Later that day, Al-Furais received another call. This time it was his father instructing him to pick up his nephew from his brother’s home. His father told him that his sister-in-law’s father had died.

Upon arriving, he heard screaming from outside the apartment door.

Al-Furais took his nephew and, unable to calm his sister in-law down, called for an ambulance to take her to the hospital.

“Imagine you don’t see your parents for more than one year, then you get a call saying your father just passed away.”

But he is still nostalgic about his former home. Every day before falling asleep he thinks back to his high school graduation. After he said his speech at the ceremony, friends and family all gathered at the Mövenpick Hotel in Sanaa to celebrate.

“That day was amazing,” said, Al-Furais. “That year the conflict in Yemen started to get really bad so by having graduation, it took our minds from that.”


(Created by Brittany Ferreira and Emerson Brito)

Al-Furais returned to Canada in 2012 and is now a permanent resident. He is in second year of industrial engineering. After graduating, he hopes to work for his father’s import and export business based in Yemen and turn it into a global company. That dream, however, has been put on hold.

“It was basically focusing on exporting stuff from Yemen and importing it (to Cana-da),” said Al-Furais. But because of the conflict, the shipments were not allowed to go out from Yemen. Luckily, due to offices outside of Yemen, the family still has a source of income.

Without it, Al-Furais said, he would not be able to continue his schooling.

Al-Serri says that there are many stories like Al-Furais’s.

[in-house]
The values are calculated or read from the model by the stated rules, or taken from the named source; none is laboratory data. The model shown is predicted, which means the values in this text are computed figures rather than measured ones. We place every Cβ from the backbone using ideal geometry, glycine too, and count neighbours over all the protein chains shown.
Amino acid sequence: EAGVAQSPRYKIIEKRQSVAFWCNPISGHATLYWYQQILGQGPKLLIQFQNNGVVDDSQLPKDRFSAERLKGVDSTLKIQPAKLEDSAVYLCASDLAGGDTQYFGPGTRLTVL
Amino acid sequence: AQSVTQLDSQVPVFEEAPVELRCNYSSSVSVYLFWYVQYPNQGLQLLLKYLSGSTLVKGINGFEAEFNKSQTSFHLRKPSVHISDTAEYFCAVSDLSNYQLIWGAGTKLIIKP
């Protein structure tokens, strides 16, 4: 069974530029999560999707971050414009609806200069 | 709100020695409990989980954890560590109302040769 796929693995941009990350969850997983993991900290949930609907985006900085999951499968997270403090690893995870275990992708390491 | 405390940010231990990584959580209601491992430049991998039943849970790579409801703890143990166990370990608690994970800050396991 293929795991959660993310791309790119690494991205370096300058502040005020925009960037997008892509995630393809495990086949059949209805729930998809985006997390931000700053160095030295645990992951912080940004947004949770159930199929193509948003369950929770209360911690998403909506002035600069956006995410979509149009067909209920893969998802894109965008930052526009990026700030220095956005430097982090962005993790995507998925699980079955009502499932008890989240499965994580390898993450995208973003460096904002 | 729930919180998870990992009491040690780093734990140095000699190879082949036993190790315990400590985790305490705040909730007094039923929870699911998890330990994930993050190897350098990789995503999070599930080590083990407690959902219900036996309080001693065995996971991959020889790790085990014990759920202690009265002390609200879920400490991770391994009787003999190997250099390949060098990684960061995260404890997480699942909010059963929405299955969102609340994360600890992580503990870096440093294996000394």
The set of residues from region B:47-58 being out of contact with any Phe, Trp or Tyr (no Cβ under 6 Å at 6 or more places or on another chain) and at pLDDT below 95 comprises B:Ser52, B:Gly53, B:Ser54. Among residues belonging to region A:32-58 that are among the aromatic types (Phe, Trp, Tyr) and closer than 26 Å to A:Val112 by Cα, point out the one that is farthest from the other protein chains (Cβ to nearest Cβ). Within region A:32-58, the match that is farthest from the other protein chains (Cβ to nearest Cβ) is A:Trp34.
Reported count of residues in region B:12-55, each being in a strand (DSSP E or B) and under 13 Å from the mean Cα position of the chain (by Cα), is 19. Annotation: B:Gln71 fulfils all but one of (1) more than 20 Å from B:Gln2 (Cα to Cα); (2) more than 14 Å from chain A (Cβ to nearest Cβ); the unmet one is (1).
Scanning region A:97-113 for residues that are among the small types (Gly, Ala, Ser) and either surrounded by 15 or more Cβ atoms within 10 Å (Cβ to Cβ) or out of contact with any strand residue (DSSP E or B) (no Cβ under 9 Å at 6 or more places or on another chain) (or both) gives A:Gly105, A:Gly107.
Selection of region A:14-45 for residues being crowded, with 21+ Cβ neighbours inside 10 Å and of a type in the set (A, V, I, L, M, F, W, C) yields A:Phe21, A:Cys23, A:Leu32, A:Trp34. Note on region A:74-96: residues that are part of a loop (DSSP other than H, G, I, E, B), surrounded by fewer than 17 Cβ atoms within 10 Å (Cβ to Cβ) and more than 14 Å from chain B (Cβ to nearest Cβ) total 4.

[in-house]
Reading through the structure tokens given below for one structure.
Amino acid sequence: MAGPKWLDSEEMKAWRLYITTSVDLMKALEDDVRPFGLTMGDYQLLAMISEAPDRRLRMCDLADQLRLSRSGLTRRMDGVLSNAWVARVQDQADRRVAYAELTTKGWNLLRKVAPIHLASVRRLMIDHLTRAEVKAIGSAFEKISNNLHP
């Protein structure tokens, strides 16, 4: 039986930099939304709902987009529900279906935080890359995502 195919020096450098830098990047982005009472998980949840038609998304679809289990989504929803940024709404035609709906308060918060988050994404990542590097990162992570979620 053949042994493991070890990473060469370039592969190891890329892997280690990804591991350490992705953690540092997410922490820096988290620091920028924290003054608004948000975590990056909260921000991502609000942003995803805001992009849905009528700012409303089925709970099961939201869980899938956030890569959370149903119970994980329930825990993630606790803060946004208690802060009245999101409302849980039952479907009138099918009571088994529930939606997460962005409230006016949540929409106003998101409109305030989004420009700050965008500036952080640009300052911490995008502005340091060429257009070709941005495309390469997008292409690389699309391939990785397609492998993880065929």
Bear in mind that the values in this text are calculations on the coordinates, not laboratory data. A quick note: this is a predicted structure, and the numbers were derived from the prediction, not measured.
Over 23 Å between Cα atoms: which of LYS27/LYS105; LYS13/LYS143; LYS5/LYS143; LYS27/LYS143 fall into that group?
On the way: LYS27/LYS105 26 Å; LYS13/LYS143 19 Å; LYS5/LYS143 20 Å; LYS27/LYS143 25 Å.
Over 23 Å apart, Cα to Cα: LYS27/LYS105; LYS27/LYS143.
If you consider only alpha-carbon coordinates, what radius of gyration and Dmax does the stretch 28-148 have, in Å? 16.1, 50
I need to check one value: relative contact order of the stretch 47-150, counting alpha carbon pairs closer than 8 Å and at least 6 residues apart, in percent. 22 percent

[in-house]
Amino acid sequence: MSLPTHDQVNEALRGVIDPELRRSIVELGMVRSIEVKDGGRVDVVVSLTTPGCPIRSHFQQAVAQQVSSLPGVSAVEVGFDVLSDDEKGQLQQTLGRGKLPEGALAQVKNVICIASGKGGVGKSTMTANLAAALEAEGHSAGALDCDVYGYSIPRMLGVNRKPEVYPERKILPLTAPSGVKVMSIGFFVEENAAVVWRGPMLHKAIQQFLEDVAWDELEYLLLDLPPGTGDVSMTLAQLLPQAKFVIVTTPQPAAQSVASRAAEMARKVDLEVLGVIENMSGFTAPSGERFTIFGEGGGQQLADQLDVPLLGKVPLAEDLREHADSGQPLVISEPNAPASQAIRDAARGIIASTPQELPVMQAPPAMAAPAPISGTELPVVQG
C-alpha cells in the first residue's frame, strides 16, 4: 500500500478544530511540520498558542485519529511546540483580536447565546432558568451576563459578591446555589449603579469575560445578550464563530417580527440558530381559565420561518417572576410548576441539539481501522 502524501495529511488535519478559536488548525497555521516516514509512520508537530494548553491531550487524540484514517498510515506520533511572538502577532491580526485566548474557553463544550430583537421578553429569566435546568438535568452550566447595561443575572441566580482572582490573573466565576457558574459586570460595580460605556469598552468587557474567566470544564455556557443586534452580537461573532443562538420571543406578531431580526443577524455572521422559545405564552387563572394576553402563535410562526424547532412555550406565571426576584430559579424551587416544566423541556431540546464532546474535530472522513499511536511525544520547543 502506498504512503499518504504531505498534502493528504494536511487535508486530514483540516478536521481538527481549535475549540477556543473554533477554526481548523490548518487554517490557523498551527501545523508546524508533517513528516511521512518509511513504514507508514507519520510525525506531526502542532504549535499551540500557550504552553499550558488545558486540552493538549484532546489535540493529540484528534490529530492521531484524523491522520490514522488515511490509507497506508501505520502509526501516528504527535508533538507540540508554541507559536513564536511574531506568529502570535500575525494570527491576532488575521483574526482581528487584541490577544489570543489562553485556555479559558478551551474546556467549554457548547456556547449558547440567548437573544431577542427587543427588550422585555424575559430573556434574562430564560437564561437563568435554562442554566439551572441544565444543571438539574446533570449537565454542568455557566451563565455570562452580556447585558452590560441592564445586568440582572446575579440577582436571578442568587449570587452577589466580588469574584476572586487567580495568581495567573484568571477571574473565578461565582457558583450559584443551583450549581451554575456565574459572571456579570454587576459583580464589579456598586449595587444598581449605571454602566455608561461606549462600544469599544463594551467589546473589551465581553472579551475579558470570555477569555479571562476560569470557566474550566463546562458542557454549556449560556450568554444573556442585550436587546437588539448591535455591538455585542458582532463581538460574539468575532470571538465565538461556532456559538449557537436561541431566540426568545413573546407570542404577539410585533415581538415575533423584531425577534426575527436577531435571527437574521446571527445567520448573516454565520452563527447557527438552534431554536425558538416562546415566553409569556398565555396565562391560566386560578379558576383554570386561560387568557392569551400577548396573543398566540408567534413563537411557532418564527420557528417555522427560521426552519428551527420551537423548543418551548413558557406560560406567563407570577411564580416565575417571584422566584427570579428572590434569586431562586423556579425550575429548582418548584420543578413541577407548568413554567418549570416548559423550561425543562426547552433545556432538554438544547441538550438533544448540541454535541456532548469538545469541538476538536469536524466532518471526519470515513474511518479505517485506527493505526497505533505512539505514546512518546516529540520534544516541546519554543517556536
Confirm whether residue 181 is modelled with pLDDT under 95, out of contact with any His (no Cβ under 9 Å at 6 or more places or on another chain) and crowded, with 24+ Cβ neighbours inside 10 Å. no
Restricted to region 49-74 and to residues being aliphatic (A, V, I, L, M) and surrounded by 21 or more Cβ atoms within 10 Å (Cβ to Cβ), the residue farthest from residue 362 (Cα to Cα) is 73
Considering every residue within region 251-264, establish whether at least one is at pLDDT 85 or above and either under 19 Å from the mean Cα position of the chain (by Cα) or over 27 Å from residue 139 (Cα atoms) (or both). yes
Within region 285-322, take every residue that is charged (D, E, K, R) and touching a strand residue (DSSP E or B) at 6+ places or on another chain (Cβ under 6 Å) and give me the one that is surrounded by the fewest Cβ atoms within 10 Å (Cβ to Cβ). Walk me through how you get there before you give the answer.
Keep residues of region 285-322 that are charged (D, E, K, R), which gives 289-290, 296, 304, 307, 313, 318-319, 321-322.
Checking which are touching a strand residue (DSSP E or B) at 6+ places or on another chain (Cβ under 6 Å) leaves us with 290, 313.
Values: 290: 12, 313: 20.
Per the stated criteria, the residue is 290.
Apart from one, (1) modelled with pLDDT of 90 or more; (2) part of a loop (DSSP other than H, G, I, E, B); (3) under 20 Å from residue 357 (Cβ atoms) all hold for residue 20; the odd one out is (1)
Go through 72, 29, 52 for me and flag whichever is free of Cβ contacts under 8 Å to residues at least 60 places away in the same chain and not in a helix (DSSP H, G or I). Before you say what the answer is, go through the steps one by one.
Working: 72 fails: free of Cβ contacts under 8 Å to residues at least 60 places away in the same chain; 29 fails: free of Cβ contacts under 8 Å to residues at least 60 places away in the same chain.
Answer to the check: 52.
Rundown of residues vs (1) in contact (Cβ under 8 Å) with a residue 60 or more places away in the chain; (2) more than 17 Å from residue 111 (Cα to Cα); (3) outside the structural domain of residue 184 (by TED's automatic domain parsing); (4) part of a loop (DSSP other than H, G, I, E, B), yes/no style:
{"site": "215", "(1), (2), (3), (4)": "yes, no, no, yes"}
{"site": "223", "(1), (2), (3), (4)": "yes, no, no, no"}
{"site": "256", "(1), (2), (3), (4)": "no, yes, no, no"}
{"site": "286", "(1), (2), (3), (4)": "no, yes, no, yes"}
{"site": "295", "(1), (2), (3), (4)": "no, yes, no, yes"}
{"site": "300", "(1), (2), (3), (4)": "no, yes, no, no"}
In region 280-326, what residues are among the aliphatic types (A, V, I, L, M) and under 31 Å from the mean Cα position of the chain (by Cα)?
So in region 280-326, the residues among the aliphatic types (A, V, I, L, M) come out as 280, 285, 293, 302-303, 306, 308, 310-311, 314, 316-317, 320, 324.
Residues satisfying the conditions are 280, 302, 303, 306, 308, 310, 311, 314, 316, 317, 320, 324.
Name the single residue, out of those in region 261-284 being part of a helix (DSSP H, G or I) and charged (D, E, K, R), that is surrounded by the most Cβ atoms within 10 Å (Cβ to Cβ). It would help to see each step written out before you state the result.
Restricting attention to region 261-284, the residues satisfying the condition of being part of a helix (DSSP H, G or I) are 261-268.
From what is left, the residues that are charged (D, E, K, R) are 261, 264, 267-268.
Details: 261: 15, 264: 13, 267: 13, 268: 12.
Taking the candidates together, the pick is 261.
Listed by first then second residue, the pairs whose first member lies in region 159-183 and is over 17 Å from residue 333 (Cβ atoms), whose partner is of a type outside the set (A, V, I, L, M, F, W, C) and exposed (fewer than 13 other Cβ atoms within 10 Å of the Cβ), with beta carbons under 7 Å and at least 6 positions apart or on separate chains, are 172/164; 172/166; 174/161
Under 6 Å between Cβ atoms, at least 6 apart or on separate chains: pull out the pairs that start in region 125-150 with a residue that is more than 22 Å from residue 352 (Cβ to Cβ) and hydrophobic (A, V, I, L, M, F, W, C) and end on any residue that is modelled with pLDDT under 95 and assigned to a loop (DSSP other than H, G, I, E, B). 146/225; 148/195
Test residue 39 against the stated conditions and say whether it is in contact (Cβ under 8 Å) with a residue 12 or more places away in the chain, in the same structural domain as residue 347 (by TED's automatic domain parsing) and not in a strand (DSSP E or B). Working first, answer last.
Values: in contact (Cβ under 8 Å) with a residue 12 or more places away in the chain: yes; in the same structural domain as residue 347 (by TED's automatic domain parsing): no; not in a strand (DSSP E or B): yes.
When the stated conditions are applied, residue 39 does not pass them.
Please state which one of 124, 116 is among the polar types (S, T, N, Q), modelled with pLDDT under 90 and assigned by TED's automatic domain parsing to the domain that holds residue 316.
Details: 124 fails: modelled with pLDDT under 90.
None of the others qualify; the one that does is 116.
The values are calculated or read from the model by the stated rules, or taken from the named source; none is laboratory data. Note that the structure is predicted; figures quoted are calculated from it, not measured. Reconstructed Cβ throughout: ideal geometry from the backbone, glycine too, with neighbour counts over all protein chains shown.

“A lot of students approached me from Calgary, Toronto and Vancouver,” said Al-Serri. “We hope the universities and colleges themselves can help (the students) if the government cannot.”

Mohammed Al-Ariqi, 22, moved to Canada four years ago and is currently studying financial and business economics at York University.

“Every day we hope that the situation becomes better,” said Al-Ariqi, whose immediate family fled to Saudi Arabia because of the civil war. His father, who had a partnership with a consulting company in Yemen, lost his job as businesses shut down across the country.

“He’s supporting me financially here in Canada … from his savings now,” said Al-Ariqi. “There is no income.”

Al-Ariqi holds a study permit that allows students to work part time during the school year and full time during the summer. But finding a job is not easy and would not be enough, he said.

“Tuition for international students is triple the Canadian one so even if you work part time it is not going to (make) a big difference for you,” said Al-Ariqi. “On the other side it affects your studies.”

His study permit expires in December. He has applied for it to be renewed, but it is still in process.

“I hope they give me more years so I can finish my studies and then if I want to work during the summer I can do that,” said Al-Ariqi. “There is no way I can go back to Yemen.”

Al-Serri continues to encourage community members to write to their local MPs.

In an email, he said he will continue to lobby the new government for immigration relief for Yemeni international students and Yemeni Canadians trying to bring their families to Canada.

This article was published in the print edition of The Ryersonian on Nov. 18, 2015.